House Majority Whip Steve Scalise (R-La.) watches President Obama's speech along with Sen. David Vitter (R-La.) in the newly-renovated Lincoln Room just off the House floor on Capitol Hill last Wednesday. (Melina Mara/The Washington Post)

House Majority Whip Steve Scalise (R-La.) has gone from an outside voice to an inside player in less than two months. This week, he faces a critical test as the House prepares to approve a short-term spending measure that also will authorize President Obama's new military strategy for Iraq and Syria.

As we write today, Scalise's climb into leadership "reflects the challenge facing GOP leaders seeking to bring unity to a traditionally rancorous caucus, just weeks before the midterm elections."

Scalise spoke Tuesday with The Washington Post's Robert Costa and Ed O'Keefe in his third-floor office at the U.S. Capitol. A transcript of the interview, edited for length and clarity, appears below:

O'Keefe: So you have no reservations about passing the short-term spending bill with language authorizing President Obama's new strategy in Iraq and Syria?

Scalise: "I have reservations that the president hasn’t laid out a broader strategy and I think constituents I’ve talked to would like to see him more aggressive and focused on how to eradicate ISIL. Not to nuance what their name is or limit the scope of what you would do to eliminate them. I think a lot of us would like to see a bolder, broad strategy and then go and sell the American people on how to get that done. What he’s asked us for is very narrow, to train and arm Syrian rebels that would have to be vetted first."

"But if you want to see him go further, at least if he’s taking a first step that might start to build a coalition to fight ISIL where they are, then we ought to give him that authority with transparency and accountability that goes along with it."

Costa: So is it fair to say that when the initial plan was floated to include the authorization language in the spending bill that you were a voice in leadership saying, hey, let’s at least have it as a vote on separate amendment?

Scalise: "Well I feel like we ought to have a separate standalone debate and vote on the question of whether we should authorize the training and equipping of rebels who are vetted. And that’s going to happen, with six hours of debate."

O’Keefe: Have you pledged to members that there definitely will be a broader debate after the election?

Scalise: "I don’t make that direct call, but I think our leadership, all of us are hearing that that is a wise way to go."

Costa: Everyone knows you’re close to Majority Leader Kevin McCarthy, but there’s a generational divide with Speaker John Boehner. What’s that relationship like? How does he help you? How does he guide you in your new role? What is that specific dynamic like?

Scalise: "We didn’t have the same relationship. Kevin and I both knew each other before we came to Congress and I’m still getting to know the speaker on a closer level. But even when I was [Republican Study Committee] chairman I would go to him when I felt that there were things that we as conservatives wanted to see done on the floor. Sometimes we were able to get that agreed upon, sometimes it wasn’t, but at the same time we started a dialogue where I would push certain policies that conservatives wanted to see addressed."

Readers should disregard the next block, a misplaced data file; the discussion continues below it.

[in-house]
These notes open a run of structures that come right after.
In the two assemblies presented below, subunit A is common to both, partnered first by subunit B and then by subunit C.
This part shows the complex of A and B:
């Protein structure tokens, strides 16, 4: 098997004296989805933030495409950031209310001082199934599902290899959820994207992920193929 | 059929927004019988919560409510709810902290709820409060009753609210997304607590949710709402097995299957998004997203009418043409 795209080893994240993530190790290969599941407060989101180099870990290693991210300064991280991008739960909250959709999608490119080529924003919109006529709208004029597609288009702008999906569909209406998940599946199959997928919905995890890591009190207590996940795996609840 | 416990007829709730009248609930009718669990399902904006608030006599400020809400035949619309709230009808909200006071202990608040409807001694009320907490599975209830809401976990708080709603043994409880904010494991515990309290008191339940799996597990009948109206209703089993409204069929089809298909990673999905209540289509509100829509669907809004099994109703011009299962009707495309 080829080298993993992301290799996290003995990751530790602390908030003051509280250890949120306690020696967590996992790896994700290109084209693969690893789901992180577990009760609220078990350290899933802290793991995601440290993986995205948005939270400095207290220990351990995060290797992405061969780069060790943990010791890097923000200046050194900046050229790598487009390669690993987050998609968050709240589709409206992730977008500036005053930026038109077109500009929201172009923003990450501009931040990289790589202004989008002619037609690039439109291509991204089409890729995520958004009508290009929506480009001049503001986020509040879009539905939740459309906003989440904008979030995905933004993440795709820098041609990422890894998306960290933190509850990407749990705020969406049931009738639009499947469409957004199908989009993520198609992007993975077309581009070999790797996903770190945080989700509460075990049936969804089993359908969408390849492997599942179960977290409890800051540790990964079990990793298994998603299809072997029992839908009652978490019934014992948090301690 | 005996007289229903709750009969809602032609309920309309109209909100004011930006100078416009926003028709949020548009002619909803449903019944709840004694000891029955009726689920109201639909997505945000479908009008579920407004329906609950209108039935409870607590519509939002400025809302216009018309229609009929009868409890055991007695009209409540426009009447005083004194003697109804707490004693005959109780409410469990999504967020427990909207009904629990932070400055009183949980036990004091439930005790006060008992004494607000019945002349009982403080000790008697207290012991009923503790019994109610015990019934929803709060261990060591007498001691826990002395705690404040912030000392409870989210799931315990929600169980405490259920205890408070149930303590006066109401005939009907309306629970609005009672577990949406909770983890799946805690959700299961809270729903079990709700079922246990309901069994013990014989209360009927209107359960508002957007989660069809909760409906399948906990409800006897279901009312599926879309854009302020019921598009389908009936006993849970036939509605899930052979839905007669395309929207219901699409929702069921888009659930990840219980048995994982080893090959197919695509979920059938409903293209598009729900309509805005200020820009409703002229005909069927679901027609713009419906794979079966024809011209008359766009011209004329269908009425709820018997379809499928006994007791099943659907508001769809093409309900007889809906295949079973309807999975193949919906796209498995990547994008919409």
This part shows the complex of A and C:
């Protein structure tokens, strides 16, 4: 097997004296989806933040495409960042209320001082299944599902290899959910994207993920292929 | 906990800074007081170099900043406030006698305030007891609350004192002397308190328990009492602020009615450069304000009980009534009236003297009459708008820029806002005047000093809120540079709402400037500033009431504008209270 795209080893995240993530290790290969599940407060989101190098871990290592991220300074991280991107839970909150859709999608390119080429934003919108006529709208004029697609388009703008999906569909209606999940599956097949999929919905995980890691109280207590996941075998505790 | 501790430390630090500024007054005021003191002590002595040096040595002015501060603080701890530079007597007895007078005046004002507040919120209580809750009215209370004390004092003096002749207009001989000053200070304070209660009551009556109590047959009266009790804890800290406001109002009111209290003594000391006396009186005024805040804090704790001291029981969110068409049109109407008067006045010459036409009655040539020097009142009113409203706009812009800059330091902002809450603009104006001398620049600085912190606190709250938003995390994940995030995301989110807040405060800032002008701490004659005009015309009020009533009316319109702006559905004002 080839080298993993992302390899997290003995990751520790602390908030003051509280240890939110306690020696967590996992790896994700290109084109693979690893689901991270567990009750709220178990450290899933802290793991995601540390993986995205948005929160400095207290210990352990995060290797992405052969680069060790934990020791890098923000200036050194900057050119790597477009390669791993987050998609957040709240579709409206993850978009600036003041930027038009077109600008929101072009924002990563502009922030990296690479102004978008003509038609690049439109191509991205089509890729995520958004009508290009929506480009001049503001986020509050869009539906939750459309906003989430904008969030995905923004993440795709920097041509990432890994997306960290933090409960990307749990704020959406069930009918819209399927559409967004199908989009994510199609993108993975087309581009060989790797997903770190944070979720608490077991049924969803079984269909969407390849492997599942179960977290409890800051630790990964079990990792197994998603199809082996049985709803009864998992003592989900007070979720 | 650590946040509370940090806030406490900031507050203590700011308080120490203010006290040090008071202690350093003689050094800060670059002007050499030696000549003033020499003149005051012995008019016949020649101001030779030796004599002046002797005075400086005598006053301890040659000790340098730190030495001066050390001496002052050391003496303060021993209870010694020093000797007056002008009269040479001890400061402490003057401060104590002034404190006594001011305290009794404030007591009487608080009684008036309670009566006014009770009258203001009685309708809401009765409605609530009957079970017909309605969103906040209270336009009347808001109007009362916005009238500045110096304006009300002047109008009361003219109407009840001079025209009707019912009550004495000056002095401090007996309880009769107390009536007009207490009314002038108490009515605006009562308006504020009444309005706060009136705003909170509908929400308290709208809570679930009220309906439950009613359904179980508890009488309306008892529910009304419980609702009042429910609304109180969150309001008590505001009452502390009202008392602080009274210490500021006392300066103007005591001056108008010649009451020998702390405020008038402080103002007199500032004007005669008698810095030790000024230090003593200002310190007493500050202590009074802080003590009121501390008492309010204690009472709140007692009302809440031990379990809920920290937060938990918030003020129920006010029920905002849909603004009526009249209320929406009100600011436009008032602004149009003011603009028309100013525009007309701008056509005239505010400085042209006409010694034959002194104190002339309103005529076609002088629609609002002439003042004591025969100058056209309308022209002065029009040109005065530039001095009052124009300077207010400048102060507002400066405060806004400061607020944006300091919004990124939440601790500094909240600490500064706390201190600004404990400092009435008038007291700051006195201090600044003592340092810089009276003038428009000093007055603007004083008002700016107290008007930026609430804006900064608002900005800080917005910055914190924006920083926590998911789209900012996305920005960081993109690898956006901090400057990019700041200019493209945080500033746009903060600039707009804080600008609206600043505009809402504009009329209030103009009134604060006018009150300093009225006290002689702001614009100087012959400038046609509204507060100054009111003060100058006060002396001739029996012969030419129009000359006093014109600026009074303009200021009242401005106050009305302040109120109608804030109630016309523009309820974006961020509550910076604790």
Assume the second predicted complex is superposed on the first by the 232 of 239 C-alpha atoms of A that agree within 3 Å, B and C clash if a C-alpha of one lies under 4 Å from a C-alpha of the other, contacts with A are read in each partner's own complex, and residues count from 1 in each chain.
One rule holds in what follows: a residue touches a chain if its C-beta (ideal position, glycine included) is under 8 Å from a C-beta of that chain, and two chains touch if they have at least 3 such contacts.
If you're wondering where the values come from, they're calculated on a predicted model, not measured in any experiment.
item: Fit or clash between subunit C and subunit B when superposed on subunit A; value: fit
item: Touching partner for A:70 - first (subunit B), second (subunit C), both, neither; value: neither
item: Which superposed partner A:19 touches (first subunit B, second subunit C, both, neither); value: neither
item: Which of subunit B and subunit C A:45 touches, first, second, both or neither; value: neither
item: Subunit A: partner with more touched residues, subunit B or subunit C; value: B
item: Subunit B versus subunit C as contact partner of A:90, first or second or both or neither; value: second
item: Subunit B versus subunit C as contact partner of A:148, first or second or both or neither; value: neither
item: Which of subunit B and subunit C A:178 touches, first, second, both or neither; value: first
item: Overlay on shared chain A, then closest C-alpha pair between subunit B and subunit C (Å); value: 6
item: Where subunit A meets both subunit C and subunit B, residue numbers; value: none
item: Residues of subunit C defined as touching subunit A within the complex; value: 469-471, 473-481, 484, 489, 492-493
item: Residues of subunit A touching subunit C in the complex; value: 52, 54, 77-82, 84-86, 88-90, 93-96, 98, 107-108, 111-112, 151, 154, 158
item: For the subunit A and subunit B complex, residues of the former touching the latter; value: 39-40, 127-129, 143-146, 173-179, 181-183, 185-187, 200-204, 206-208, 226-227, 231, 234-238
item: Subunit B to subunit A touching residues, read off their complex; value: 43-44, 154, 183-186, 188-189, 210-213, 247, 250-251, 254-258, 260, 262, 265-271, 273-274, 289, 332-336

O’Keefe: How are you working to get to know him better? Are you breaking bread or something else?

Scalise: "We spend more time together. We’ve been through some very consequential bills.

"On my very first legislative day, I was asked to help pass an immigration bill. Frankly, I think we were able to do a really good job of pulling our members in from every spectrum of our conference and pass a good border security bill, which Congress hadn’t done in nine years because it’s hard to do. But we did it, and we did it in a way that unified our conference. I think I was able to prove to the speaker there that you can bring in some members that maybe weren’t part of that legislative process as much in the past and still produce something very good that unified our conference."

Costa: A few of the older members tell me that they still see you looking nervously at the board as votes happen. Do you still have nerves during that process?

Scalise: "Look, when you talk to a quarterback who’s been playing for years, they still probably get the butterflies when they walk out on the field. I still have the same feelings walking into the Capitol that I did the first week I was here."

"When we bring policies to the floor that we feel are the right approach for our country, we want to get that passed. We’re not always able to get the things moved through the entire process that we’d like to see. Part of that hopefully we address in November with getting control of the Senate, where we can actually move bills to the president’s desk. But for now we control the House and our challenge is to get the most conservative policy through the floor that solves problems that are before us."

O’Keefe: Give us a distinction of how the whip operation will be different under you as compared to before.

Scalise: "I don’t look at how am I going to be different. I have an approach, I have passions about conservative policy. I’d like to see us addressing problems head-on from the most conservative way that we can get them passed to the floor.

"You understand the political realities of what you’re working with, but I start with a strong conservative policy and an understanding of how to bring people together to accomplish those goals. It’s not easy, but that’s one of the things that’s great about this job. Everyday you have a challenge and you get to work with some of the smartest people around to get that done."

Read our full profile of Scalise here.